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Managing Users Permissions on SQL Server

Posted by Praveen Kumar on February 29, 2008

Permissions are the rights to access the database objects. Permissions can be granted to a user or role to allow that user or role to perform operations such as selection, insertion or modification of data rows.

Creates an entry in the security system that allows a user in the current database to work with data in the current database or execute specific Transact-SQL statements.
Permissions Types
To perform any activity in a database, user must have the appropriate permissions. These permissions fall into three categories, which we call permissions types:

Permissions to work with data and execute procedures (object permissions).
Permissions to create a database or an item in the database (statement permissions).
Permissions to utilize permissions granted to predefined roles (implied permissions).

Syntax
Statement permissions:

GRANT { ALL | statement [ ,…n ] }
TO security_account [ ,…n ]

Object permissions:

GRANT
    { ALL [ PRIVILEGES ] | permission [ ,…n ] }
    {
        [ ( column [ ,…n ] ) ] ON { table | view }
        | ON { table | view } [ ( column [ ,…n ] ) ]
        | ON { stored_procedure | extended_procedure }
        | ON { user_defined_function }
    }
TO security_account [ ,…n ]
[ WITH GRANT OPTION ]
[ AS { group | role } ]

Examples
A. Grant statement permissions
This example grants multiple statement permissions to the users Mary and John, and the CorporateBobJ Windows NT group.

GRANT CREATE DATABASE, CREATE TABLE
TO Mary, John, [CorporateBobJ]

B. Grant object permissions within the permission hierarchy

This example shows the preferred ordering of permissions. First, SELECT permissions are granted to the public role. Then, specific permissions are granted to users Mary, John, and Tom. These users then have all permissions to the authors table.

USE pubs
GO

GRANT SELECT
ON authors
TO public
GO

GRANT INSERT, UPDATE, DELETE
ON authors
TO Mary, John, Tom
GO

C. Grant permissions to a SQL Server role

This example grants CREATE TABLE permissions to all members of the Accounting role.

GRANT CREATE TABLE TO Accounting

D. Grant permissions using the AS option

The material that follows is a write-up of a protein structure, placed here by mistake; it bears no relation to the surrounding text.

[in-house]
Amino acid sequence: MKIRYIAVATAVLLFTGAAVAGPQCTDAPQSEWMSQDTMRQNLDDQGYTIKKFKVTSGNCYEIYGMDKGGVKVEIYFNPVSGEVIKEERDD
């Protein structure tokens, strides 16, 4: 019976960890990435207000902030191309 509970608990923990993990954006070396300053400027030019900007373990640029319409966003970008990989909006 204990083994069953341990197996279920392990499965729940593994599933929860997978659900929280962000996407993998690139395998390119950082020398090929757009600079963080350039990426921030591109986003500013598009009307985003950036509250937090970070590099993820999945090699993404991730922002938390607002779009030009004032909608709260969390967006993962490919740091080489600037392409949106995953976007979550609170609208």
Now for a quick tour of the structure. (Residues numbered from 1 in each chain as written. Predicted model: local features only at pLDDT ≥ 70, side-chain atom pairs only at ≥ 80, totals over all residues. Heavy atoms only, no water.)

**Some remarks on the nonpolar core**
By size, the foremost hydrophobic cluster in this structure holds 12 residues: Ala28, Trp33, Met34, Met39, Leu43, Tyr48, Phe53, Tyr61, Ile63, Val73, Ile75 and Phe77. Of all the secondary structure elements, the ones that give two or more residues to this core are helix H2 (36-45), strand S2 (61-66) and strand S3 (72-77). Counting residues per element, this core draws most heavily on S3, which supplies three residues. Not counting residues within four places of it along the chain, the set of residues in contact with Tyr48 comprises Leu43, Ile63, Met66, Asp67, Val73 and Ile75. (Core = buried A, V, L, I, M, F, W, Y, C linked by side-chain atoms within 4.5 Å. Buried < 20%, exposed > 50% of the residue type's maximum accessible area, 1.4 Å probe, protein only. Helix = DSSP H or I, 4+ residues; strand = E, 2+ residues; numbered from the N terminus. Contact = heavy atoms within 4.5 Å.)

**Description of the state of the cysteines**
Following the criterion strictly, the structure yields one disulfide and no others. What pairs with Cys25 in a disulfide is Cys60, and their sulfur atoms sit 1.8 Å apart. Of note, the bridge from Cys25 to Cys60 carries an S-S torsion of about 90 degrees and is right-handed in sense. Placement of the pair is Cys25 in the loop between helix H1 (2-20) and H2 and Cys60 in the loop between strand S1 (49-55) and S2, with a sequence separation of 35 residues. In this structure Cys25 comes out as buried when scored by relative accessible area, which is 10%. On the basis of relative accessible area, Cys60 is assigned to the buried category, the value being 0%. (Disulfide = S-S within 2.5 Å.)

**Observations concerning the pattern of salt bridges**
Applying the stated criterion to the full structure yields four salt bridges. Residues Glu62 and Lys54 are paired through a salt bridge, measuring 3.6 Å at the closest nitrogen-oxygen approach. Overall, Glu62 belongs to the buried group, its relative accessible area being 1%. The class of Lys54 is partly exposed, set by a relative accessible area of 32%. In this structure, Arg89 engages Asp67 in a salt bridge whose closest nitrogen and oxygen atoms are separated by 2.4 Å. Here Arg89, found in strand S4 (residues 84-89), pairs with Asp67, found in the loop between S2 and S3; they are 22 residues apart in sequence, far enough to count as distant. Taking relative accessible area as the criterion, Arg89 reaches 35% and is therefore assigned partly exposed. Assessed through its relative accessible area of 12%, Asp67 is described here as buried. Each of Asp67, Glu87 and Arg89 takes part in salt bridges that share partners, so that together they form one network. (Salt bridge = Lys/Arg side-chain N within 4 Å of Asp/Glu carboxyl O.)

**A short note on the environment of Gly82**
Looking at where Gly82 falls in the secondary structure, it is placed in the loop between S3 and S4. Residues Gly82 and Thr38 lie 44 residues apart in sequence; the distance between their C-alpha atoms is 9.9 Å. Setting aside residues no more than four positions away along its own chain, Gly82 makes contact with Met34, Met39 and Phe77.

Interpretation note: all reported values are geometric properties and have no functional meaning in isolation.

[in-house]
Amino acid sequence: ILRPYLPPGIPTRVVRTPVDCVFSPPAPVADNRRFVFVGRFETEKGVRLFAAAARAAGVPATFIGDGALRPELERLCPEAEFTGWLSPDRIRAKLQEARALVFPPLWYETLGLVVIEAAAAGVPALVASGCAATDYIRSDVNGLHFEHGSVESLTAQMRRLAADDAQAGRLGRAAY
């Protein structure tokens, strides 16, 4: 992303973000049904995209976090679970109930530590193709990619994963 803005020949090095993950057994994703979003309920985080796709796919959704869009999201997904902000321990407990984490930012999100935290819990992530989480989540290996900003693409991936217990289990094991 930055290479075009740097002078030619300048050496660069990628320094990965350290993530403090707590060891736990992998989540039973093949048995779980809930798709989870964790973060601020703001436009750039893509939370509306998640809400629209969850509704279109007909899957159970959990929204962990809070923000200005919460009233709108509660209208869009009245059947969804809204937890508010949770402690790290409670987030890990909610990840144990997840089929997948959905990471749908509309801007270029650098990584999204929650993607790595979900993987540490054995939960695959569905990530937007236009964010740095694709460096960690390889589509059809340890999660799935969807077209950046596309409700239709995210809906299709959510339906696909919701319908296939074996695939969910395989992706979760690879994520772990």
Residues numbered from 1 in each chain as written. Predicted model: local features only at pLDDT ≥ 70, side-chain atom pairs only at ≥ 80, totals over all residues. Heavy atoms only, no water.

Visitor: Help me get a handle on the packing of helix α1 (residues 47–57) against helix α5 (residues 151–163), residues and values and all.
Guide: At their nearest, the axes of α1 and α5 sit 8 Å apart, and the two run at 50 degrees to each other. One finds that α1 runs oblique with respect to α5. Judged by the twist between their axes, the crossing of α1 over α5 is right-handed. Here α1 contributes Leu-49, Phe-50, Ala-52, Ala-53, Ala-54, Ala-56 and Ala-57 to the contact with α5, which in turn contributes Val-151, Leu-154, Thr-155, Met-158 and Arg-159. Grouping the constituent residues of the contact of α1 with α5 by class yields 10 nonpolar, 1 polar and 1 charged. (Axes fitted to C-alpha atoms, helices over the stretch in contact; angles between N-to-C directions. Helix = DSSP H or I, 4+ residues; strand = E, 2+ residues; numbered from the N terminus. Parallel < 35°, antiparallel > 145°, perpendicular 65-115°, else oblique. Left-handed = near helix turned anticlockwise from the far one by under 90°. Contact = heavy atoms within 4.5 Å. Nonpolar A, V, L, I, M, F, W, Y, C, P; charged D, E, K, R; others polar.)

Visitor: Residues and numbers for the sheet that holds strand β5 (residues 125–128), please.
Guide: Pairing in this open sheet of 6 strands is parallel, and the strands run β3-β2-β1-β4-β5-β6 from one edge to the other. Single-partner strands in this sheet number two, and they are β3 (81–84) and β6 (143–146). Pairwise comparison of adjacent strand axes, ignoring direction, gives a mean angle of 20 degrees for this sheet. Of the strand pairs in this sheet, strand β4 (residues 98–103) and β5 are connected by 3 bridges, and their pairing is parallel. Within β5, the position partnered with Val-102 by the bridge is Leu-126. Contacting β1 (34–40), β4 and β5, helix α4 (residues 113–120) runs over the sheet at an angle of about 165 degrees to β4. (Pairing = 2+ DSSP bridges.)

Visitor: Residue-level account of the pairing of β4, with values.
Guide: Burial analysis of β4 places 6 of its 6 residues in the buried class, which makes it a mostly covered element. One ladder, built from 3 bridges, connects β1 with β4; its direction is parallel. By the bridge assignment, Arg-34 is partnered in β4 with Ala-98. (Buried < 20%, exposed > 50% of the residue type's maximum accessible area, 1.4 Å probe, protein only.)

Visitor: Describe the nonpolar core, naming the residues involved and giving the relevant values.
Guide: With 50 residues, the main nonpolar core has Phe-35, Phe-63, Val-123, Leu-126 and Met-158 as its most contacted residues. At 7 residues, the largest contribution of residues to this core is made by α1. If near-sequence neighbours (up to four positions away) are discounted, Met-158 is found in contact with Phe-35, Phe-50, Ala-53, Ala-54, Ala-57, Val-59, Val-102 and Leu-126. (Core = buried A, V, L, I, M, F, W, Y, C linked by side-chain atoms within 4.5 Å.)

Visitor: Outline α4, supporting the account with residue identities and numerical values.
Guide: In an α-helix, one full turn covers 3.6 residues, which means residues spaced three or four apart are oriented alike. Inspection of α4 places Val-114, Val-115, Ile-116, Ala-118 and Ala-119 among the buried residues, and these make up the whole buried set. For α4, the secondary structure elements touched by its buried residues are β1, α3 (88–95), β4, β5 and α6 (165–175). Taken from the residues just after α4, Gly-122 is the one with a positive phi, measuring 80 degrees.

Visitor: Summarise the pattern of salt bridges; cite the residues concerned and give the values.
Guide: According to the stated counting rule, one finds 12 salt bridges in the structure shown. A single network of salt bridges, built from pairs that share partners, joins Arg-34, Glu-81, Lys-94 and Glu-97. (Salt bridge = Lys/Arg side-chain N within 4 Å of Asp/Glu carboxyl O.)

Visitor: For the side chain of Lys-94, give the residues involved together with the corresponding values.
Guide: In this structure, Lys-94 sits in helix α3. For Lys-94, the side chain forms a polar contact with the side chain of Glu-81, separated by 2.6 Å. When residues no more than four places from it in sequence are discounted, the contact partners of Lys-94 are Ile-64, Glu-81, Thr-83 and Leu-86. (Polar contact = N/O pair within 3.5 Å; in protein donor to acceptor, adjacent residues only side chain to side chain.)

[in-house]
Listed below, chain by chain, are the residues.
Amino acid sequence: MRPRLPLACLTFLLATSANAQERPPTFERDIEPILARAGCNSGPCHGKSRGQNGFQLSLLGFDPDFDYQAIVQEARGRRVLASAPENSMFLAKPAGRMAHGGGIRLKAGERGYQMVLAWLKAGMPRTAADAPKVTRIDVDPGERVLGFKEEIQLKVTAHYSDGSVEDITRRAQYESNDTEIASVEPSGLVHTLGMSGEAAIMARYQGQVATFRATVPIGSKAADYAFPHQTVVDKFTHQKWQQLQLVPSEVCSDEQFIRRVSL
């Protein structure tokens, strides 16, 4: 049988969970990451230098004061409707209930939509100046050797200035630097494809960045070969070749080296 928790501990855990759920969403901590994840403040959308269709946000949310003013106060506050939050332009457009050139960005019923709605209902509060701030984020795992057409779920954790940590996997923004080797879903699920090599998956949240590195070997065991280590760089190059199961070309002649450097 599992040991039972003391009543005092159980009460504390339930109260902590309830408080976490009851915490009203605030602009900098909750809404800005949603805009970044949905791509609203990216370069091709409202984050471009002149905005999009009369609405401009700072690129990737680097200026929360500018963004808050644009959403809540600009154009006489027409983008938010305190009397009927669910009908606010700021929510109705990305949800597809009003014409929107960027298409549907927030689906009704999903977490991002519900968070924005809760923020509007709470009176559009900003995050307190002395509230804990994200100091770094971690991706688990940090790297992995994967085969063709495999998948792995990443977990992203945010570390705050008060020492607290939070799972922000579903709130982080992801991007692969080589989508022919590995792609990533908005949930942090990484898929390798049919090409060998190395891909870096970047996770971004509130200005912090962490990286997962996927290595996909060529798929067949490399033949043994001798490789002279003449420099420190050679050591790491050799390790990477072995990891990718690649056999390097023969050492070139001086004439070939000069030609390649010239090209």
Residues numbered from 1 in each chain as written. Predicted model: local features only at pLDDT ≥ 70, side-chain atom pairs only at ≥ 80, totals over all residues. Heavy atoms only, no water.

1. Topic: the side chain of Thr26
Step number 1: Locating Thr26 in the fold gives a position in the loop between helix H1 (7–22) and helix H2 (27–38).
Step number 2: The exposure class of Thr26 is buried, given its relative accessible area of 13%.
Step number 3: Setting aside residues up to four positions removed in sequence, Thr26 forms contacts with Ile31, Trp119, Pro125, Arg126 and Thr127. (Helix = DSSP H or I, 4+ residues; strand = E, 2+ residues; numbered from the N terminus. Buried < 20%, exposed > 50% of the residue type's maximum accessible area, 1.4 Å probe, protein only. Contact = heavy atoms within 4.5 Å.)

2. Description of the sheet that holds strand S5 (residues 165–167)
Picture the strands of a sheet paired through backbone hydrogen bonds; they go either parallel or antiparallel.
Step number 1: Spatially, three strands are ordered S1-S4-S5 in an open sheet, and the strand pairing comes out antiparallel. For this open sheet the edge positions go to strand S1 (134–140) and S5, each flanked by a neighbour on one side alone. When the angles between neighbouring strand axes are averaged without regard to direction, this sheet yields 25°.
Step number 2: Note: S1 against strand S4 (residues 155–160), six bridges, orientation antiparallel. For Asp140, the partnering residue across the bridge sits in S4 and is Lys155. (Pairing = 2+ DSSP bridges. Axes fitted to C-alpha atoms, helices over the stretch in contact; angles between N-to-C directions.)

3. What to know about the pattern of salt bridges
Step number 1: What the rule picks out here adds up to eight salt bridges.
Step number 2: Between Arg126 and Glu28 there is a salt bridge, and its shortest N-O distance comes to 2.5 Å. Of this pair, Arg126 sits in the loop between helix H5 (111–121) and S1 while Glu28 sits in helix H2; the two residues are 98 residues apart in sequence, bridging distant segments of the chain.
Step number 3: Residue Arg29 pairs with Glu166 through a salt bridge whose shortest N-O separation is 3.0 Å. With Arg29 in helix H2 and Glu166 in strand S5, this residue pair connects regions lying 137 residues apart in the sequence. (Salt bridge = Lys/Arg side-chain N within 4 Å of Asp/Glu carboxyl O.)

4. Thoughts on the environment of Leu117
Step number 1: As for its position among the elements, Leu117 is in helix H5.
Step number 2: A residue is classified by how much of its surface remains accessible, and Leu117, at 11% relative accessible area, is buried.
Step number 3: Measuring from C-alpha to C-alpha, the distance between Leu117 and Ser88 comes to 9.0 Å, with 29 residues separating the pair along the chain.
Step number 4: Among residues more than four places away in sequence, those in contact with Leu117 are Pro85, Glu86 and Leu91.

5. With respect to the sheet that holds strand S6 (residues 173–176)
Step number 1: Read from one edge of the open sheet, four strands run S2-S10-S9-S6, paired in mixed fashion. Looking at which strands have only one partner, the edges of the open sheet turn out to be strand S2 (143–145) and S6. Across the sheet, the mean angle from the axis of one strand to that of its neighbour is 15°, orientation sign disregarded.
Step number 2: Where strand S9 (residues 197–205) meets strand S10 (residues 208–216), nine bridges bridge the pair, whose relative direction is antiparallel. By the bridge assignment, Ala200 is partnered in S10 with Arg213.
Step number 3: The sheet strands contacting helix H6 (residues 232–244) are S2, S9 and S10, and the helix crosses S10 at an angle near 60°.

The Plan_Data table is owned by the user Jean. Jean grants SELECT permissions, specifying the WITH GRANT OPTION clause, on Plan_Data to the Accounting role. The user Jill, who is member of Accounting, wants to grant SELECT permissions on the Plan_Data table to the user Jack, who is not a member of Accounting.

Because the permission to GRANT other users SELECT permissions to the Plan_Data table were granted to the Accounting role and not Jill explicitly, Jill cannot grant permissions for the table based on the permissions granted through being a member of the Accounting role. Jill must use the AS clause to assume the grant permissions of the Accounting role.

/* User Jean */
GRANT SELECT ON Plan_Data TO Accounting WITH GRANT OPTION

/* User Jill */
GRANT SELECT ON Plan_Data TO Jack AS Accounting

SQL Server 2000 supports granting or revoking user rights to the following permissions types:

Object Permissions

The object permissions are the permissions to act on the database objects (such as tables, stored procedures and views). They consist of the following permissions:

SELECT

Enables a user to select or read data from a table or view. The SELECT permission can be applied to individual columns within a table or view, and may be applied to user-defined functions.

INSERT

Enables a user to insert new data to a table or view.

DELETE

Enables a user to delete data from a table or view.

UPDATE

Enables a user to update data in a table or view. The UPDATE permission can be applied to individual columns within a table or view, not just the entire table.

EXECUTE

Enables a user to execute a stored procedure.

DRI (declarative referential integrity)

Enables a user to add foreign key constraints on a table.